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Such was the daily life of Philip year after year, with but little change. Occasionally he met the palefaces in the woods or at his father’s village. Now and then he went to Plymouth and traded with them. Several of them he considered to be his strong personal friends.
We have already seen how greatly interested he was in his boyhood days at the coming of the white men and how friendly he felt toward them at that time. He, his father, and the other Wampanoags continued to remain on friendly terms with the English, although several other Indian tribes did not.

Between the years 1628AD and 1640AD many white people settled forty or fifty miles north of Plymouth, in what is now Boston and Salem, and other cities and towns near Massachusetts Bay.

Others settled inland on the Connecticut River, near the present boundary line between Massachusetts and Connecticut, about seventy-five miles west from Mount Hope, the home of Philip. Others settled at Providence, and still others on the island of Rhode Island, fifteen to twenty miles south of Mount Hope.

The settlers on the Connecticut had trouble with the Pequots, a tribe of Indians living to the west of the Wampanoags, and in the war that followed, all the Pequots were killed. The whites also had trouble with the Narragansetts, who lived near Providence, outbreaks occurring every year or two for several years.
During these years Philip and his father did nothing to injure the settlers in any way. They refused to aid the other Indians in their wars with the English, preferring to remain faithful to their early treaty with the whites; and the whites remained on the most friendly terms with them.

Philip knew nothing of the Christian religion. Several attempts were made by the whites to convert the Indians to Christianity. In 1646, John Eliot translated the Bible into the Indian language, taught the Indians the English habits of industry and agriculture, and established near Boston two towns composed entirely of converted Indians.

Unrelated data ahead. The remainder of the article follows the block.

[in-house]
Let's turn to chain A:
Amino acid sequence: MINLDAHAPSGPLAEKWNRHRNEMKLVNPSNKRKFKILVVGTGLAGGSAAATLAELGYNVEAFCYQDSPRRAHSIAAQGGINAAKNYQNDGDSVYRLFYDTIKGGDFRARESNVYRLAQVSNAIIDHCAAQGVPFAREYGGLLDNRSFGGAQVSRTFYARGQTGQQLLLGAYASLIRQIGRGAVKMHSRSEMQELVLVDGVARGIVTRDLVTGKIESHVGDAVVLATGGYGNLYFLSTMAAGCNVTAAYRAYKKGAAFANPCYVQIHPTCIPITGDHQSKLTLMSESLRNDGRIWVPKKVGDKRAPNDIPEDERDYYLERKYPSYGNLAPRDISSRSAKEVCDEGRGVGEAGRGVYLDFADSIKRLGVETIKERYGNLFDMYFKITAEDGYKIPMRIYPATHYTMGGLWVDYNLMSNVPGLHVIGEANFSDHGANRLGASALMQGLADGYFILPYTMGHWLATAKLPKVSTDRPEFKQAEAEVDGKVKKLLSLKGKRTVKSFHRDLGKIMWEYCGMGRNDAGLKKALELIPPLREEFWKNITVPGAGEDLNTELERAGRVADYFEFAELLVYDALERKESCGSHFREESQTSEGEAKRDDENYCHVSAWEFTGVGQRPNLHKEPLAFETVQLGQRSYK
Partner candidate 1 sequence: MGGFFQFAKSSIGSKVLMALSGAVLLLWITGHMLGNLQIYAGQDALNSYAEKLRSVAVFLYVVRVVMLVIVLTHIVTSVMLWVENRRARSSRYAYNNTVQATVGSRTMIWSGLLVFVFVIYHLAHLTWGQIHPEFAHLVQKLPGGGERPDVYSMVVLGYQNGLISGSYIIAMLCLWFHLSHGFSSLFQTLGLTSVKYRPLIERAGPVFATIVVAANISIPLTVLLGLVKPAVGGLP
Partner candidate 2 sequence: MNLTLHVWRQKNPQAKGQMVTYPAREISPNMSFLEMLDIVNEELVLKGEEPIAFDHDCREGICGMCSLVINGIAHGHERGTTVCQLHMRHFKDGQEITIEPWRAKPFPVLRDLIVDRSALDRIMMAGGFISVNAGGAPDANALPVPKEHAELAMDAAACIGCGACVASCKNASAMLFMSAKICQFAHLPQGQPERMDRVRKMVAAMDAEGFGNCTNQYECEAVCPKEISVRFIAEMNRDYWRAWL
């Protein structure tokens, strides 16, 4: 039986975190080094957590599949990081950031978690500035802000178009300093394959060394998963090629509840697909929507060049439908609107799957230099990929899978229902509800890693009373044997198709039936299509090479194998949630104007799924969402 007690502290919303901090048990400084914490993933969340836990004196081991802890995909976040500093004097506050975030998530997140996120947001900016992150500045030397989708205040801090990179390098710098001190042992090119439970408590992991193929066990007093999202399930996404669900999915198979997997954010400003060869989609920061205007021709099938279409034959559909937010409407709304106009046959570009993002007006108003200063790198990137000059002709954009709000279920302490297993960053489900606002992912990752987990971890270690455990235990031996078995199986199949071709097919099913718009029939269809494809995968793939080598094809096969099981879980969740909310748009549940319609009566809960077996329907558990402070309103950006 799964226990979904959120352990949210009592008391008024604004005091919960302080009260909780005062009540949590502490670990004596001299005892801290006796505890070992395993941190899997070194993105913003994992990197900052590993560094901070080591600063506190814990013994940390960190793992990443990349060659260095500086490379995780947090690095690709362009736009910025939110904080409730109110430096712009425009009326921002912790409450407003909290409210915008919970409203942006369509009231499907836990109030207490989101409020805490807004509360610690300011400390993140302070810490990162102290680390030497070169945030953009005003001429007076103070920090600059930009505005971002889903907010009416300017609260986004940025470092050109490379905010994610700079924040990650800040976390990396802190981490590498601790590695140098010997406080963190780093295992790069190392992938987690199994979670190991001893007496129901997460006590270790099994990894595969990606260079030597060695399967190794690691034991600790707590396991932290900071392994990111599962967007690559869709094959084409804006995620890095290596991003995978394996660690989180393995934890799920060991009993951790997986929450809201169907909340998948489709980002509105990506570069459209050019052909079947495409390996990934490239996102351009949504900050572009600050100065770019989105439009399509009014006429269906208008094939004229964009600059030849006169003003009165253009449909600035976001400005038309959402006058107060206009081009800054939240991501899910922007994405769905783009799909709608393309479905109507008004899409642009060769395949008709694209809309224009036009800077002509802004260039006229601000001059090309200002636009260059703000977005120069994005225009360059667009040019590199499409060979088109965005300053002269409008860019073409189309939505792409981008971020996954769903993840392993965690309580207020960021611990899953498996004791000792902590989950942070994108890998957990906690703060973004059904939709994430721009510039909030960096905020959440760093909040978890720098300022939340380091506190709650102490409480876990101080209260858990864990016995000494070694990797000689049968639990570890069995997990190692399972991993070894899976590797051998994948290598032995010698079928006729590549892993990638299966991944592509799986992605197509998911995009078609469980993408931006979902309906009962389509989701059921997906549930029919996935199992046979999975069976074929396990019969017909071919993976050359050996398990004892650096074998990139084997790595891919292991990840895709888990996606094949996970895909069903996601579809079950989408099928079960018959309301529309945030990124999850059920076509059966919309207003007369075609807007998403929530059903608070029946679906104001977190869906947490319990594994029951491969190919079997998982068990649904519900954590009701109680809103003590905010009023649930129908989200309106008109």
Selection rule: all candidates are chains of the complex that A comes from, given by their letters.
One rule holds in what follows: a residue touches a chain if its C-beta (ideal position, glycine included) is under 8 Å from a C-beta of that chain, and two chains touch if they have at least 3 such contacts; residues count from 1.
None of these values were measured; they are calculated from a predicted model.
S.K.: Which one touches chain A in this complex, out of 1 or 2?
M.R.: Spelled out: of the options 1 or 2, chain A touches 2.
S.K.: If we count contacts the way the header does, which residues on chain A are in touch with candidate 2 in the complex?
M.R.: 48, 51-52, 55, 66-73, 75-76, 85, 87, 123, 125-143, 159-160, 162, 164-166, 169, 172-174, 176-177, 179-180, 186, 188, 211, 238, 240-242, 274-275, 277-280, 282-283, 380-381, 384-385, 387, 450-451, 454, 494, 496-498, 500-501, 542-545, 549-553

At the same time, Thomas Mayhew preached to the Wampanoags on Martha’s Vineyard, and there converted a great many. By the year 1675AD, four thousand Indians had been converted to Christianity.
But the missionaries were not successful with Philip and the Wampanoags at Mount Hope. They utterly refused to listen to the preachers. They preferred their former mode of life, and there were several good reasons for this preference, as they thought.

Philip noticed that many white men who called themselves Christians were in the habit of stealing from the red men, and cheating them whenever they could. He could not see that the Christian religion made them more happy, more honest, or better than he was.

Again, he noticed that, as soon as the Indians were converted, they left their former life and companions and joined themselves to the English. This tended to lessen the control of the chiefs over their tribes, and so reduced their power. Thus he saw that a great deal might be lost by changing his religion, or by urging his followers to change theirs.

Nevertheless, Massasoit and his sons remained strong friends to the Plymouth people until 1661, when Massasoit died, being about eighty years of age.
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From Stories and Legends from Martha’s Vineyard, Nantucket and Block Island – COMING SOON – It’s in proofing right now!

Cover - Legends and Stories from Martha's Vineyard, Nantucket and Block Island

Cover – Legends and Stories from Martha’s Vineyard, Nantucket and Block Island

 

ONCE upon a time, a tiger was caught in a trap. He tried in vain to get out through the bars, and rolled and bit with rage and grief when he failed.

 

By chance a poor Brahman came by.

 

“Let me out of this cage, oh pious one!” cried the tiger.

 

“Nay, my friend,” replied the Brahman mildly, “you would probably eat me if I did.”

 

“Not at all!” swore the tiger with many oaths; “on the contrary, I should be forever grateful, and serve you as a slave!”

 

Now when the tiger sobbed and sighed and wept and swore, the pious Brahman’s heart softened, and at last he consented to open the door of the cage. Out popped the tiger, and, seizing the poor man, cried, “What a fool you are! What is to prevent my eating you now, for after being cooped up so long I am just terribly hungry!”